Madonna’s Miserable Latest;BookWars;French Film, and Why It Blows

Written by Armond White on . Posted in Arts & Film, Posts.

The Next
Best Thing
by John Schlesinger

Judy Berlin
by Eric Mendelsohn

What’s left, The
Next Best Thing
demonstrates, is for Madonna to aggressively exploit the
fan base that has not outgrown bustiers, torn fishnets and mock-religious jewelry–her
gay male audience. As Los Angeles yoga instructress Abbie, Madonna actually
plays a supporting role to Rupert Everett’s Robert, the gay gardener and
best friend she lives with when she becomes pregnant. Abbie dominates the plot
(in Hollywood terms) in order to milk-feed its pro-gay message. Using Madonna
to prop up Everett this way is almost an admission of her onscreen deficiency;
Thomas Ropelewski’s screenplay avoids Madonna’s now-proven personality/talent
vacuum to emphasize Robert’s single-gay-male crisis. (He wants to be a
father.) It’s practically a first in the history of camp: a female star
unable to convey the emotions of her gay male audience. But more than that,
Madonna’s inadequacy travesties simple humanism.

What Madonna cannot do is
demonstrated by the contrasting independent film Judy Berlin, in which
writer-director Eric Mendelsohn constructs vibrant, aria-like moments for a
cast of actresses whose range of emotion wins audience empathy. Rather than
appealing to special interests like Ropelewski and Madonna, Mendelsohn’s
story of one day in the lives of some depressed Long Islanders–Madeline
Kahn as a school principal’s housewife, Barbara Barrie as an elementary
school teacher, Edie Falco as an aspiring actress–evokes common humanity,
average desperation. Those could also have been the themes of The Next Best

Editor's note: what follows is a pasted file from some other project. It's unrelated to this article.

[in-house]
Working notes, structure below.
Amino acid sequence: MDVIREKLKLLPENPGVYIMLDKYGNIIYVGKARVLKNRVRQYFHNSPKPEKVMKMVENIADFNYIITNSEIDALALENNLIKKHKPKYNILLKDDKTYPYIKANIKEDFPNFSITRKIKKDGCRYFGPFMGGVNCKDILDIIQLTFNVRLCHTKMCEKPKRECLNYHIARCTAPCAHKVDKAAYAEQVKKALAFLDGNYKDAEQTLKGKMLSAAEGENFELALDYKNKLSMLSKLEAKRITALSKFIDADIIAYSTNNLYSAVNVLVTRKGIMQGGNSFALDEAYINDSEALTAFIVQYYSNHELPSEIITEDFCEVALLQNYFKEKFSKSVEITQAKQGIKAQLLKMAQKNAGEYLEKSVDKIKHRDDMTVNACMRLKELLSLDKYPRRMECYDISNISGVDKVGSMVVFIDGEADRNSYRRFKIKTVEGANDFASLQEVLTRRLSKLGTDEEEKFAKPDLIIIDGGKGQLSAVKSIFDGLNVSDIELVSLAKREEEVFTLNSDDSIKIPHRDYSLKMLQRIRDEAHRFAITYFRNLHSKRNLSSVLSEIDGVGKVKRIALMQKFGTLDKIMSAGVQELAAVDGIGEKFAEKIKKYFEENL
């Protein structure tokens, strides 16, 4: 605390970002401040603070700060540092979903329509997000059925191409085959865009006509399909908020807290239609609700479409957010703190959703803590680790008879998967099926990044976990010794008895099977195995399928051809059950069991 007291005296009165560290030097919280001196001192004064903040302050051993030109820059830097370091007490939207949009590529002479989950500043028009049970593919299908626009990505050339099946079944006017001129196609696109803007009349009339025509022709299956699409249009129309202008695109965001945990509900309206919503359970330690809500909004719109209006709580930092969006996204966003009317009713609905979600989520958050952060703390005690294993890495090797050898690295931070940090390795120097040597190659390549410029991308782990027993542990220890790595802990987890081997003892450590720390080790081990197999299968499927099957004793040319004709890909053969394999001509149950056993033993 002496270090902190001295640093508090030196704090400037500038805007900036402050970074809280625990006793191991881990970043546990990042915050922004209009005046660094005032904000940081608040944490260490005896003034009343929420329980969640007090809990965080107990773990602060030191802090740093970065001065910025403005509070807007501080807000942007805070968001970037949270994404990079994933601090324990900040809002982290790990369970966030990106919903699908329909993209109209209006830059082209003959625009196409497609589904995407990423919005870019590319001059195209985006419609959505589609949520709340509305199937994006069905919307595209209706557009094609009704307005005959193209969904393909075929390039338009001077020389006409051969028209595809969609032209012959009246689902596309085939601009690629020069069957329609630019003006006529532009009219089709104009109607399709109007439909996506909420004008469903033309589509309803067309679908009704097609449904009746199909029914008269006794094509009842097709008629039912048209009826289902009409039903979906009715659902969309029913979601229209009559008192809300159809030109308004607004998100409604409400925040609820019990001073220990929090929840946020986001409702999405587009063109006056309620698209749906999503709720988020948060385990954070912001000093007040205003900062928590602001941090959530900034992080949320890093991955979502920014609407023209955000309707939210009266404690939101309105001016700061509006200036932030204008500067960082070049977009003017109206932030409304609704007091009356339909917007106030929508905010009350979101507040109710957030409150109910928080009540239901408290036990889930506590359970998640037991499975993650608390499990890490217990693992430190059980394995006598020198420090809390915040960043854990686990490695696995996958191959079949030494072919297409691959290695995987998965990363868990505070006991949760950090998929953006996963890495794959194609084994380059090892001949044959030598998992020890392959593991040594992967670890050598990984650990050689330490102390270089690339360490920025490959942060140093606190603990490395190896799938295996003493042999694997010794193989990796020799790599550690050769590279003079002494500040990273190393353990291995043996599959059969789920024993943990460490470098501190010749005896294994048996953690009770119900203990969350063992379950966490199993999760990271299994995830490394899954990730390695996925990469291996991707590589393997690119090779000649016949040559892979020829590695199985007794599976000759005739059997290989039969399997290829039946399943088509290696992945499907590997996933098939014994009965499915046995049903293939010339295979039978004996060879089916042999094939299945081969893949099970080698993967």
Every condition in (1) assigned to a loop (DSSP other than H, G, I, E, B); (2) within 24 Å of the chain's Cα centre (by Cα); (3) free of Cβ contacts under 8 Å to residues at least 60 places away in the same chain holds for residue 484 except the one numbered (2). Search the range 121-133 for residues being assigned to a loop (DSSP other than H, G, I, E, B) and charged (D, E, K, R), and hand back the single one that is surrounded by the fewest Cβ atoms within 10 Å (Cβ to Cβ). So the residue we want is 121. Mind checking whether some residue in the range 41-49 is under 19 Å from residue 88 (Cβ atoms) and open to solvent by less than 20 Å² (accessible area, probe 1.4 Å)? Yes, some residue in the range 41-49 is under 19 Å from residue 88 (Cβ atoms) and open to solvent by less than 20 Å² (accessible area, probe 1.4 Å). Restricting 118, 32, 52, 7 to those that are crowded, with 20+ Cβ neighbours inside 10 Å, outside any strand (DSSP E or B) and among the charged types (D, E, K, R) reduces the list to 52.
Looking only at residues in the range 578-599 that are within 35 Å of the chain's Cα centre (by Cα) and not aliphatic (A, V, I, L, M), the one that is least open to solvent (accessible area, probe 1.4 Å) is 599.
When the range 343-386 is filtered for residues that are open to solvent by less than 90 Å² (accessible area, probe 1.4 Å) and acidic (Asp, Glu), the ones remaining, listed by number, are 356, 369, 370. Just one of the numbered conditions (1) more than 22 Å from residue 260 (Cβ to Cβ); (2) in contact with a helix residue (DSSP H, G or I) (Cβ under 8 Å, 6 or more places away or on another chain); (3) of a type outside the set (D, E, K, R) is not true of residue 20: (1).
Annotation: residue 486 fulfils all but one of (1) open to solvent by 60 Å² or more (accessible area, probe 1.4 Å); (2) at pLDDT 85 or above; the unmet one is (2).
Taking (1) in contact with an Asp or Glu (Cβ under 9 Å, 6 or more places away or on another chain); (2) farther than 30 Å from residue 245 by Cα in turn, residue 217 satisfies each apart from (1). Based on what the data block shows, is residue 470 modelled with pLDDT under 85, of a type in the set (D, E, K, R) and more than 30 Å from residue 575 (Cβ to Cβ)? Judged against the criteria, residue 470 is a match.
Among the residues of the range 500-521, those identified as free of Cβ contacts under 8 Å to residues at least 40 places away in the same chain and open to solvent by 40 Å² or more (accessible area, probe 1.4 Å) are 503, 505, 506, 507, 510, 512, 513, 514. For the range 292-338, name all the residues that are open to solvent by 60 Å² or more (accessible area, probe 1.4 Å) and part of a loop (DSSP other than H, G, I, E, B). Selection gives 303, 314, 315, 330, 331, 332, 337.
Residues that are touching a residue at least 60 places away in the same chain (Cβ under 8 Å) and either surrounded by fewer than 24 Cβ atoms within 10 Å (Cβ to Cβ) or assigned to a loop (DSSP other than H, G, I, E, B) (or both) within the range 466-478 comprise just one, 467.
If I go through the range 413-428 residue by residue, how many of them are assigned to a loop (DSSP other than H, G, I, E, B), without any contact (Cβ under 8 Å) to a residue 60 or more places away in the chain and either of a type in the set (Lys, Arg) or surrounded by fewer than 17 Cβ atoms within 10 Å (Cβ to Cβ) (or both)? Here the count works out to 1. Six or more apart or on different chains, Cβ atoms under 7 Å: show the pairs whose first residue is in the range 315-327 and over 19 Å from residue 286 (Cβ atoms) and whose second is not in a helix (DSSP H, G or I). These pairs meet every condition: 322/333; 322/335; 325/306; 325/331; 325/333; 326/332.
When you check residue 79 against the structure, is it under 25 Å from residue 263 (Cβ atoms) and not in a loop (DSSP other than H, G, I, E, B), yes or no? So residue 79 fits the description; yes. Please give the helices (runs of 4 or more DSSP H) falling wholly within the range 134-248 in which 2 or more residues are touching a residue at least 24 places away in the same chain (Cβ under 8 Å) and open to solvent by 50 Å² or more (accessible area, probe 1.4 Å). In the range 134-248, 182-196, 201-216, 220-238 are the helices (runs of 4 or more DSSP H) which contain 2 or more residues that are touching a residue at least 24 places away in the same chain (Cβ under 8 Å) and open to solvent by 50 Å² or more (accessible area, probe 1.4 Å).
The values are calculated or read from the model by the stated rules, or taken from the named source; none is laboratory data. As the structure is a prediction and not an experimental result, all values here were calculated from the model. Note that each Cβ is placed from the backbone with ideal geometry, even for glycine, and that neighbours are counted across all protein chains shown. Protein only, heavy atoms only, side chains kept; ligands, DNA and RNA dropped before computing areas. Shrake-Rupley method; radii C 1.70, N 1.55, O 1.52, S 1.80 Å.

, but its haughty presentation of Hollywood-set travails also carries
the erroneous, prejudicial idea that gay lives are more glamorous. That suggestion,
in effect, denies the universality of gay people’s feelings. But what’s
a fag hag for?

Like Meryl Streep, that
other past-her-prime icon, Madonna has not mattered for 10 years; the
media celebrates her out of habit. People now think of Madonna and her always-derivative
projects the way they used to regard General Motors: as a representative of
the Gross National Product–She Who Must Be Purchased. The Next Best
arrives with the usual Madonna hoopla. But the dark horse Judy
is more heartening because Mendelsohn has tapped into sensitive perception
of female and male experience that, as in Tennessee Williams’ plays, makes
a primarily gay reading unnecessary and delimiting. Mendelsohn’s subject
is contemporary ennui, a suburban malady that affects both his young and middle-aged
characters. Instead of selling a fashionable attitude like The Next Best
’s exploitation of unconventional parenting, Mendelsohn cautiously
yet bravely approaches the misery of non-fabulous people; their existential
quandaries feel average to them, therefore unanswerable. Even when a solar eclipse
shades their neighborhood for an afternoon stretching into eternal night they
do not inflate their lives–and that, Mendelsohn decently realizes, is enough
to make audiences verklempt.

It’s impossible to
resist Mendelsohn’s characters despite their small-town, self-deluded behavior.
They have working-class substance whereas Abbie and Robert’s sun-dappled
yoga lessons and rosebush trimming seem like playtime–adolescent occupational
fantasies without the trappings or inconveniences of adulthood. Madonna is selling
an unrealistic notion of life-problems as deceptive as her gaudiest videos.
When Abbie and Robert get drunk and have sex or fight over the custody of the
child they raised together, they’re playing at seriousness–miming
the sacrificial sentiments of Stella Dallas (call it Stella West Los